Wisconsin is blessed with many kinds of wetlands. As you get out to explore this summer, you may find yourself wondering just what type of wetland you’re in! We hope this two-part feature will help you more easily identify some of Wisconsin’s common wetland types.

Wetland classification systems are based on soil type, vegetation, and hydrology (the timing, frequency, and level of flooding or soil saturation). While some classification systems divide the state’s wetlands into more than 30 types, we’ll keep our exploration here to eight broad types of wetlands (four in this issue and four in the next). Remember, most wetland areas are actually a complex of types.


Marshes are spawning and nursery habitat for some fish species, including Northern pike. Photo by David Marshall.

Marshes are the type that most often come to mind when people hear the word “wetland.” Marshes are dominated by aquatic plants growing in water that is six inches to six feet deep. Some marshes have standing water year-round and others for only part of the year. Fluctuating water levels is the norm. Marshes can be small to very large and are found throughout Wisconsin, commonly along lakes and rivers. Shallow marshes support cattail, bulrush, lake sedges, arrowhead, and bur-reed. Deeper marshes support submerged and floating aquatic plants, including pondweeds and water lilies. Marshes are among the most productive habitats for waterfowl, other water birds, furbearers, and aquatic insects, and they provide spawning and nursery habitat for some fish species. They are important stopover sites for birds during migration because their submerged plants and aquatic insects provide an abundant food source.

Wooded swamp

Northern white cedar can be common in lowland hardwood swamps in northern Wisconsin. Photo by Steve Eggers.

These wetlands have abundant mature trees and soils that are saturated during much of the growing season. In the spring, they may have as much as a foot of standing water. Lowland hardwood swamps are dominated by deciduous hardwood trees, including black ash, red maple, yellow birch, and silver maple. The invasive emerald ash borer beetle threatens ash trees in these swamps. Coniferous swamps are dominated by northern white cedar and/or tamarack and support abundant sphagnum moss (although not the continuous moss mat you might find in a coniferous bog). Coniferous swamps occur primarily in northern Wisconsin, although several large examples occur in the southern part of the state. Herbaceous plants in wooded swamps include royal fern, lady fern, jack-in-the-pulpit, numerous sedges, many flowering plants, and some rare orchids. Beware of poison sumac!

Floodplain forests

Floodplain forests like the one pictured above serve as migration corridors and support a diversity of wildlife, particularly birds. Above: Jewelweed. Photo by Kate Redmond.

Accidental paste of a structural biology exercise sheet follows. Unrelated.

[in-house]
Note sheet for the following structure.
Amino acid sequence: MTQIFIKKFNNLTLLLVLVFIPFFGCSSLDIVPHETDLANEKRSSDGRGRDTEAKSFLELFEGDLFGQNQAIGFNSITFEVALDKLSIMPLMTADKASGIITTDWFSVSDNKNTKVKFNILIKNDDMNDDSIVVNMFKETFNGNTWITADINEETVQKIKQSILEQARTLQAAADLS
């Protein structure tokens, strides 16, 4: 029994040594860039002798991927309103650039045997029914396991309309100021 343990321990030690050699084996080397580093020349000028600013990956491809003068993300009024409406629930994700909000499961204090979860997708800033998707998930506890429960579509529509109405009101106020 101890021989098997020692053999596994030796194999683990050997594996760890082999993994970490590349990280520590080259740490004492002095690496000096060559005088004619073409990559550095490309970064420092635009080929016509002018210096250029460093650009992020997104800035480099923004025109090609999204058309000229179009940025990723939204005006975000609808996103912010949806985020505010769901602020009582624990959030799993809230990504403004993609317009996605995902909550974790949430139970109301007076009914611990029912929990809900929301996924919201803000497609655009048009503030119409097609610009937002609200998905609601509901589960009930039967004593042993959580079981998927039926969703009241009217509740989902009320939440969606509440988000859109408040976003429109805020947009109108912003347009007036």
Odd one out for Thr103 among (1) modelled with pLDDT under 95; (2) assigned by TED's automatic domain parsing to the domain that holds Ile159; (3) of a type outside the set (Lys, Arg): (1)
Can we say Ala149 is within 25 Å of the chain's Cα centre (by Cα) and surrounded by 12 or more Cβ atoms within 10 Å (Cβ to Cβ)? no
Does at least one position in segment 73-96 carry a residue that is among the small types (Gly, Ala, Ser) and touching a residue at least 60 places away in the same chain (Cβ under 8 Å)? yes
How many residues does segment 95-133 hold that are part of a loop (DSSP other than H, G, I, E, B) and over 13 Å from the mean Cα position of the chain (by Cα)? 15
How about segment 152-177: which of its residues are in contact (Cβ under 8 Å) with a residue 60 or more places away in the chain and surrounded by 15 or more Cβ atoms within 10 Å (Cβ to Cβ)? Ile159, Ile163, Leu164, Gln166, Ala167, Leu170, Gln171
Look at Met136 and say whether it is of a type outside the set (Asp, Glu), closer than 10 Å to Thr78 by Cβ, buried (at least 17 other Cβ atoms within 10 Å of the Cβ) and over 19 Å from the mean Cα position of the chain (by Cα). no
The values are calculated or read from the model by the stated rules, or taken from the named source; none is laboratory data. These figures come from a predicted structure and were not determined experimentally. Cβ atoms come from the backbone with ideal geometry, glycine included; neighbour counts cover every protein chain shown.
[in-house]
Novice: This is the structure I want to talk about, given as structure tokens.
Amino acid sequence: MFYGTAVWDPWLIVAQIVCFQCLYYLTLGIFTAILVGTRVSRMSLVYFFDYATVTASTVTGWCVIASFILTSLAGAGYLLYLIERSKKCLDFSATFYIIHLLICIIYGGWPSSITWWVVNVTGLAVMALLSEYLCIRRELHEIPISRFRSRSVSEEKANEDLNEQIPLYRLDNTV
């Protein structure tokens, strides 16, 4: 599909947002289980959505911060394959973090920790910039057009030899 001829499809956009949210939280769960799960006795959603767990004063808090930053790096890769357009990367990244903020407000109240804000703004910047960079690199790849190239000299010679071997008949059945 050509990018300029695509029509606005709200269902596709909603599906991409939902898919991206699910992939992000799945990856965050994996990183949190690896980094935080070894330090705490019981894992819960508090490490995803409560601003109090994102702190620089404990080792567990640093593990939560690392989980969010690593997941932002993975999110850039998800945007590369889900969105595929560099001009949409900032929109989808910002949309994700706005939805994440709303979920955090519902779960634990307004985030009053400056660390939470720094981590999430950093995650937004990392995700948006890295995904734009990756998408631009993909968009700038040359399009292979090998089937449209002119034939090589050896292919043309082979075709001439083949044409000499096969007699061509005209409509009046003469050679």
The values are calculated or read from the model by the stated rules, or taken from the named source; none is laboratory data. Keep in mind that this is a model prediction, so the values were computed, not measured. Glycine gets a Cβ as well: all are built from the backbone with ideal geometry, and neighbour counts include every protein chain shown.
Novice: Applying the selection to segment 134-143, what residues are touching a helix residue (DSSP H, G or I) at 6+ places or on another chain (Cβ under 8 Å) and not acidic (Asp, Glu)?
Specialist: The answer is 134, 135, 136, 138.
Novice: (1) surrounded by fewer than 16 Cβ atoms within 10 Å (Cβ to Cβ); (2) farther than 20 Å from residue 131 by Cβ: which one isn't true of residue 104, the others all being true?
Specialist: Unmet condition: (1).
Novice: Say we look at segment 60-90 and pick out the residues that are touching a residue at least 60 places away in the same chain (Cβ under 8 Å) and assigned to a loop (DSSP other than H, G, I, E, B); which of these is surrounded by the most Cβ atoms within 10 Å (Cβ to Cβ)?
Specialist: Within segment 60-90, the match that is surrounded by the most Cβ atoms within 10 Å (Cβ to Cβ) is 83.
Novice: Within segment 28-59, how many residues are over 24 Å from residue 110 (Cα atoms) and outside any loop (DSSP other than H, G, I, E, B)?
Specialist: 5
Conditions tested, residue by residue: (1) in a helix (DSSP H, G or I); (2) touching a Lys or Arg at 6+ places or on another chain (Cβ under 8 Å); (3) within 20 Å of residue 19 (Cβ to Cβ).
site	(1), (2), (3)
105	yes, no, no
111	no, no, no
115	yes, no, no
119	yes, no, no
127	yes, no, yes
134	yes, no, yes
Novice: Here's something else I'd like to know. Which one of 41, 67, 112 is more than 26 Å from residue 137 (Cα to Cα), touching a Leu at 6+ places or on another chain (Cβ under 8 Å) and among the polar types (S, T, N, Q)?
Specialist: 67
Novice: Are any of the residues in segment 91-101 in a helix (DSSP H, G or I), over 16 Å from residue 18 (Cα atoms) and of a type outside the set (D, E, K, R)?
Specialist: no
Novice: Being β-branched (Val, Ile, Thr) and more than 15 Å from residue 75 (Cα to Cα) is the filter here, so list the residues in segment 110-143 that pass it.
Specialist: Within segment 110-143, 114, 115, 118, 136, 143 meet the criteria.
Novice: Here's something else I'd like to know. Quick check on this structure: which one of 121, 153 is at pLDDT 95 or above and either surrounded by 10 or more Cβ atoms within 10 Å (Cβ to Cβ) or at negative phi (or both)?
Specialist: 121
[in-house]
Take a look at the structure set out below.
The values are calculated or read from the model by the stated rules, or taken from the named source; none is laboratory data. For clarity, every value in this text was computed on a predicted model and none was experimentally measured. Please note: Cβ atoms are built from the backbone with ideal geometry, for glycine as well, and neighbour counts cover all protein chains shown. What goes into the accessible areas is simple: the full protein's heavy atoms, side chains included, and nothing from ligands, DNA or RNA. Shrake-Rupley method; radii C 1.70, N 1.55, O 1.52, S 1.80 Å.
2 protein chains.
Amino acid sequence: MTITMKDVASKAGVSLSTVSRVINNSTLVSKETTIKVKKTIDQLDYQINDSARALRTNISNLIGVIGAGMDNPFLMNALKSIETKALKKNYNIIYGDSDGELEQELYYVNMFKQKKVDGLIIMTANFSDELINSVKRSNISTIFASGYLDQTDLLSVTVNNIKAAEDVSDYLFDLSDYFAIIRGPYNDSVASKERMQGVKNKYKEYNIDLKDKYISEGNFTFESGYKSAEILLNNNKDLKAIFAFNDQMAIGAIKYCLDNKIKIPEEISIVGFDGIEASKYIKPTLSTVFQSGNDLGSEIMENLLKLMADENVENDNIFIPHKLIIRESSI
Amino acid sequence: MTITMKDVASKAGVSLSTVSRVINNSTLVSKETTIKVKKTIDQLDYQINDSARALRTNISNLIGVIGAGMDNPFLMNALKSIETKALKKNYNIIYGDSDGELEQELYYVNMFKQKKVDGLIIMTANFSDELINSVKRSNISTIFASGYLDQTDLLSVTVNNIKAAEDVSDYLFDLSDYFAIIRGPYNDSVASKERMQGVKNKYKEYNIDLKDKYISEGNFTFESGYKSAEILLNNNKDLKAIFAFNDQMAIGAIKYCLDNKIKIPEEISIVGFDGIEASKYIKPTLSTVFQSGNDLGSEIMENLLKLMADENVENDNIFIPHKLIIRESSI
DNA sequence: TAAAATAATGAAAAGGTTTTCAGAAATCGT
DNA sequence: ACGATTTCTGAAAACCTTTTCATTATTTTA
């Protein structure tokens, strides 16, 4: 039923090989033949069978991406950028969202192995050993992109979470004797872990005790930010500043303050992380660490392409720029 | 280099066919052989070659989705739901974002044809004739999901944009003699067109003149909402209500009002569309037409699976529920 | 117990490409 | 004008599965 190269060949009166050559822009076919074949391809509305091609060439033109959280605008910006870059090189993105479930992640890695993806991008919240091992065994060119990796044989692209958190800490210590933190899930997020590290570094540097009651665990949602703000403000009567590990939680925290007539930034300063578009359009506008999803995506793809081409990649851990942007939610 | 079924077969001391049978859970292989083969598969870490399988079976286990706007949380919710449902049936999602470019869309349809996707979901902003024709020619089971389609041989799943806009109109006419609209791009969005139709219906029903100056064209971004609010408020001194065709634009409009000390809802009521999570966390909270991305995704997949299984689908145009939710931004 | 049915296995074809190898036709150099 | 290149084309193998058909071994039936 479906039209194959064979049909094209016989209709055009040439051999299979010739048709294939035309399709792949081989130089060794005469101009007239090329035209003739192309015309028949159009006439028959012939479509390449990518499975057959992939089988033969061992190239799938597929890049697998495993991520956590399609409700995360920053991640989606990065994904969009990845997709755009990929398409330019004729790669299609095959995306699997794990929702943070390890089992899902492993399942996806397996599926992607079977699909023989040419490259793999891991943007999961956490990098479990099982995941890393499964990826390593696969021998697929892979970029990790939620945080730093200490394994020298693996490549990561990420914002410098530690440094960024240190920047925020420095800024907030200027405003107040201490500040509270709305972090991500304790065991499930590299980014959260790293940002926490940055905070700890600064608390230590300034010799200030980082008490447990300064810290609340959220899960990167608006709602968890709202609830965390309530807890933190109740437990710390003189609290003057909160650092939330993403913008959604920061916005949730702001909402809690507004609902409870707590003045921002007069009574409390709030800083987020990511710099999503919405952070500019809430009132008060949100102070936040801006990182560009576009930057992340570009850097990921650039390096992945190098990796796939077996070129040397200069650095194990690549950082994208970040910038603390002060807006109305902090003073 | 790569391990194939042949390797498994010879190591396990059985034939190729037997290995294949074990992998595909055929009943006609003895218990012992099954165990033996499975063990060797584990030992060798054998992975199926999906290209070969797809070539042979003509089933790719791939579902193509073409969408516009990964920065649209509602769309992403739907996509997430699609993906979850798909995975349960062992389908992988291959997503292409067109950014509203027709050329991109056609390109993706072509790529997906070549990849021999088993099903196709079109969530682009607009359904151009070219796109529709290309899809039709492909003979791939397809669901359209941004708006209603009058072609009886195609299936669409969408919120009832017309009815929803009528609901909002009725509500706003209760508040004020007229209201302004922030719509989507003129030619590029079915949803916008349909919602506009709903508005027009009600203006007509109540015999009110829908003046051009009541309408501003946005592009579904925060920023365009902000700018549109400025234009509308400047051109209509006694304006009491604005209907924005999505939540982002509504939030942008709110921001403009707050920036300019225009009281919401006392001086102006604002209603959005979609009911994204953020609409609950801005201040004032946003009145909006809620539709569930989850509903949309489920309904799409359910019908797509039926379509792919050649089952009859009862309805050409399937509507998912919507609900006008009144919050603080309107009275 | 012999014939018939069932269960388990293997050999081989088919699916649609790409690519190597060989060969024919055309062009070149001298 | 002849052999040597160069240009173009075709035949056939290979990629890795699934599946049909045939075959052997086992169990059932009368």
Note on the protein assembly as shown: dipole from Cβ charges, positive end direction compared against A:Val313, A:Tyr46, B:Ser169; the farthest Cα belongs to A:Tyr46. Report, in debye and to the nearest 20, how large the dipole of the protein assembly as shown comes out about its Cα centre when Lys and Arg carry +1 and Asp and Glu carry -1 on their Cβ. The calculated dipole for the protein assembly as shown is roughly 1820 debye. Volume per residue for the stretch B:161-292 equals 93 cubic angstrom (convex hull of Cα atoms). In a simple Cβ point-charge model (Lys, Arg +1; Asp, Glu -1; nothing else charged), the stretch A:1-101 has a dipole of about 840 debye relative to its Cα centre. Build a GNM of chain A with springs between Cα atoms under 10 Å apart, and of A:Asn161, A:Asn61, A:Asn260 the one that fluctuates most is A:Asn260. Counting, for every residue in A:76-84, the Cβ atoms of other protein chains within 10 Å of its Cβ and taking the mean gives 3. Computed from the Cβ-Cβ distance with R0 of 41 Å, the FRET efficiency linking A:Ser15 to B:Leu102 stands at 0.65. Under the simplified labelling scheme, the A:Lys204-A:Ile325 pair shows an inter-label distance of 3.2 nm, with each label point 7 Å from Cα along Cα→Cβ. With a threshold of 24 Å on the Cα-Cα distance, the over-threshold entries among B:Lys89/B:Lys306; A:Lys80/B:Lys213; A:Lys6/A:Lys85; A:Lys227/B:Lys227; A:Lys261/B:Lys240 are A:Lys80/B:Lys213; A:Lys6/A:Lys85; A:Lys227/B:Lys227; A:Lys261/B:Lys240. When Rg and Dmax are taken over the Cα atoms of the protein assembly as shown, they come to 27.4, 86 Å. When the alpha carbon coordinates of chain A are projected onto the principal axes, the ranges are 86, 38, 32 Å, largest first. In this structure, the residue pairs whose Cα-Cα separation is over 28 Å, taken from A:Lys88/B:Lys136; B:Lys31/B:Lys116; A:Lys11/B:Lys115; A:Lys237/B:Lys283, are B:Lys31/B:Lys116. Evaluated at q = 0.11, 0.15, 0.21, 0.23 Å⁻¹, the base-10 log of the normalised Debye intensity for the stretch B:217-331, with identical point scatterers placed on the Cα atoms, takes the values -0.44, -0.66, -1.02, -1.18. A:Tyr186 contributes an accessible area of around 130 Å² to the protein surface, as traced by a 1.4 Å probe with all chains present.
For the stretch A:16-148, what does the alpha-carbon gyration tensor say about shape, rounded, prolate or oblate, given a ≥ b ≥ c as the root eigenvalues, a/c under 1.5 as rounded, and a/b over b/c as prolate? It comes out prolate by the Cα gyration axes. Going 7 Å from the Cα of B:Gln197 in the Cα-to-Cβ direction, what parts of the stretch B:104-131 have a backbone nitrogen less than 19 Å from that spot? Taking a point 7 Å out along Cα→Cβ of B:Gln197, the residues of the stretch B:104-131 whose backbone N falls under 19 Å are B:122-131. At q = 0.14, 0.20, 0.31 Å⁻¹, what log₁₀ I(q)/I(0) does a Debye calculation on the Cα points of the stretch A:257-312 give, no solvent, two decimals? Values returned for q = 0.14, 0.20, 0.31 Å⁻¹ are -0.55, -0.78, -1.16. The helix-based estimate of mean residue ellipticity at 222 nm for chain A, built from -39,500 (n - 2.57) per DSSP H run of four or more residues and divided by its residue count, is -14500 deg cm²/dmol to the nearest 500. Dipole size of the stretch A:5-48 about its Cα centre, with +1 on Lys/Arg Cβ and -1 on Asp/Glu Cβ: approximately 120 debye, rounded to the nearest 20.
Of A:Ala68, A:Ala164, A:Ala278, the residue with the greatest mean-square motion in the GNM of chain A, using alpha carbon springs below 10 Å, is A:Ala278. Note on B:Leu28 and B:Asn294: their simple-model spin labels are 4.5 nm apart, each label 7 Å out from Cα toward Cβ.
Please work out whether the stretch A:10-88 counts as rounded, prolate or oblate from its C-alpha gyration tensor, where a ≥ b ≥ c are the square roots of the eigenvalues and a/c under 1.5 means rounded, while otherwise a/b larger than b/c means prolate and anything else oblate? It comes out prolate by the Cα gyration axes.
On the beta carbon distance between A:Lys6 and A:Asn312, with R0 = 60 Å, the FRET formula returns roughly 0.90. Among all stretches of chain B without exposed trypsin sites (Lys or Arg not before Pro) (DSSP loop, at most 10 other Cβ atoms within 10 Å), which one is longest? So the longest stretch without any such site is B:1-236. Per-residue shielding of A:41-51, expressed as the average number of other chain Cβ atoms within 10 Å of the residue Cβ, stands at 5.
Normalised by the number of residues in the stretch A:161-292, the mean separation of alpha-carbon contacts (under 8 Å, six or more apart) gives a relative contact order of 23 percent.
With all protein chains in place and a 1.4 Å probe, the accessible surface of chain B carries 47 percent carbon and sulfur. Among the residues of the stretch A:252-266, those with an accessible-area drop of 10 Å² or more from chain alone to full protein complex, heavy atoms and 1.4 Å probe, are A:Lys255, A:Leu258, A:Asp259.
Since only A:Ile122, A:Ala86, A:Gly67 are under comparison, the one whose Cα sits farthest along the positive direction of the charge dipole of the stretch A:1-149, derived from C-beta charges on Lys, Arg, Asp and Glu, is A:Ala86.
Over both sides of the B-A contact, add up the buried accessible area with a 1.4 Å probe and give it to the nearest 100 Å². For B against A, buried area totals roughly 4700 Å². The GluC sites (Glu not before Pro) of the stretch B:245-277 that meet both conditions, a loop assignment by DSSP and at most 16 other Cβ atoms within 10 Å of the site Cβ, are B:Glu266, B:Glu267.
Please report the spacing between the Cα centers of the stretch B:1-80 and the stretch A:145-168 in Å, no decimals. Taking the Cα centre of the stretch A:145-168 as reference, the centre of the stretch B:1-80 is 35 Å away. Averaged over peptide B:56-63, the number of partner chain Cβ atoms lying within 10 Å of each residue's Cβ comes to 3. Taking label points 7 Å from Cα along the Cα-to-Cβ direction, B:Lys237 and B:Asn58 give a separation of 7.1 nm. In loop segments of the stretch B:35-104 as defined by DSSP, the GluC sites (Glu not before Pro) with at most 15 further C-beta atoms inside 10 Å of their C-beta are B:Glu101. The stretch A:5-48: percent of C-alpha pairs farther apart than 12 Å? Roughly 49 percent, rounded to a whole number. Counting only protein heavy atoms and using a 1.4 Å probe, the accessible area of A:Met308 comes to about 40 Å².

Floodplain forests are wooded wetlands associated with stream and river corridors and dominated by mature, deciduous hardwood trees. During times of high water, rivers spread out into floodplain forests, inundating soils that are otherwise well-drained or even dry for much of the growing season. A characteristic feature of floodplains is the fine-grained and fertile soil deposited during flood events. Dominant trees include silver maple, green ash, river birch, eastern cottonwood, American elm, and black willow. Woody vines are more common here than in other wooded wetlands and include wild grape, Virginia creeper, and moonseed. Herbaceous plants can be sparse and include jewelweed, nettle, and some sedges. Within floodplains, ephemeral ponds, side sloughs, beaver ponds, “islands” of upland habitats, and areas of open sand provide diverse habitat for many wildlife species. During high water, these forests also provide important feeding and breeding habitat for fish.

An ephemeral pond

Ephemeral ponds

Ephemeral ponds are important breeding sites and juvenile habitat for many amphibians because they lack fish predators. Photo by Kathy Wendling.

Ephemeral ponds form in low spots on the land. They capture, store, and slowly release runoff from rain and snowmelt. They’re wet in spring and dry by late summer, and they’re often small. Together, they hold and manage a lot of water, slowing the flow and allowing the water to soak into the ground. Ephemeral ponds can provide important stopover habitat for migratory waterfowl and shorebirds because they provide protein-rich seed and insect food sources. Ephemeral ponds in forested areas are abundant in northern Wisconsin but often do not show up on wetland maps. These areas have bottomland trees (you may see water stain marks several feet up on their trunks and most trees will have shallow root systems) but few ground-layer plants. Ephemeral ponds in open and agricultural areas may have seed-rich plants like nutsedge, smartweeds, grasses, and beggerticks.


Additional photo credits: Top photo collage: Steve Eggers (marsh); Gary Shackelford (floodplain forest and wooded swamp); Joshua Mayer (ephemeral pond). In-story community type header photos: Brynda Hatch (marsh); Steve Eggers (wooded swamp); Gary Shackelford (floodplain forest); Brick Fevold (ephemeral pond).

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Event header image for wetland coffee break

Wetland Coffee Break: Swamp, bog, or fen? An introduction to wetland types of Wisconsin

Watch Ryan O’Connor, WDNR, give an introductory presentation on Wisconsin’s wetland types.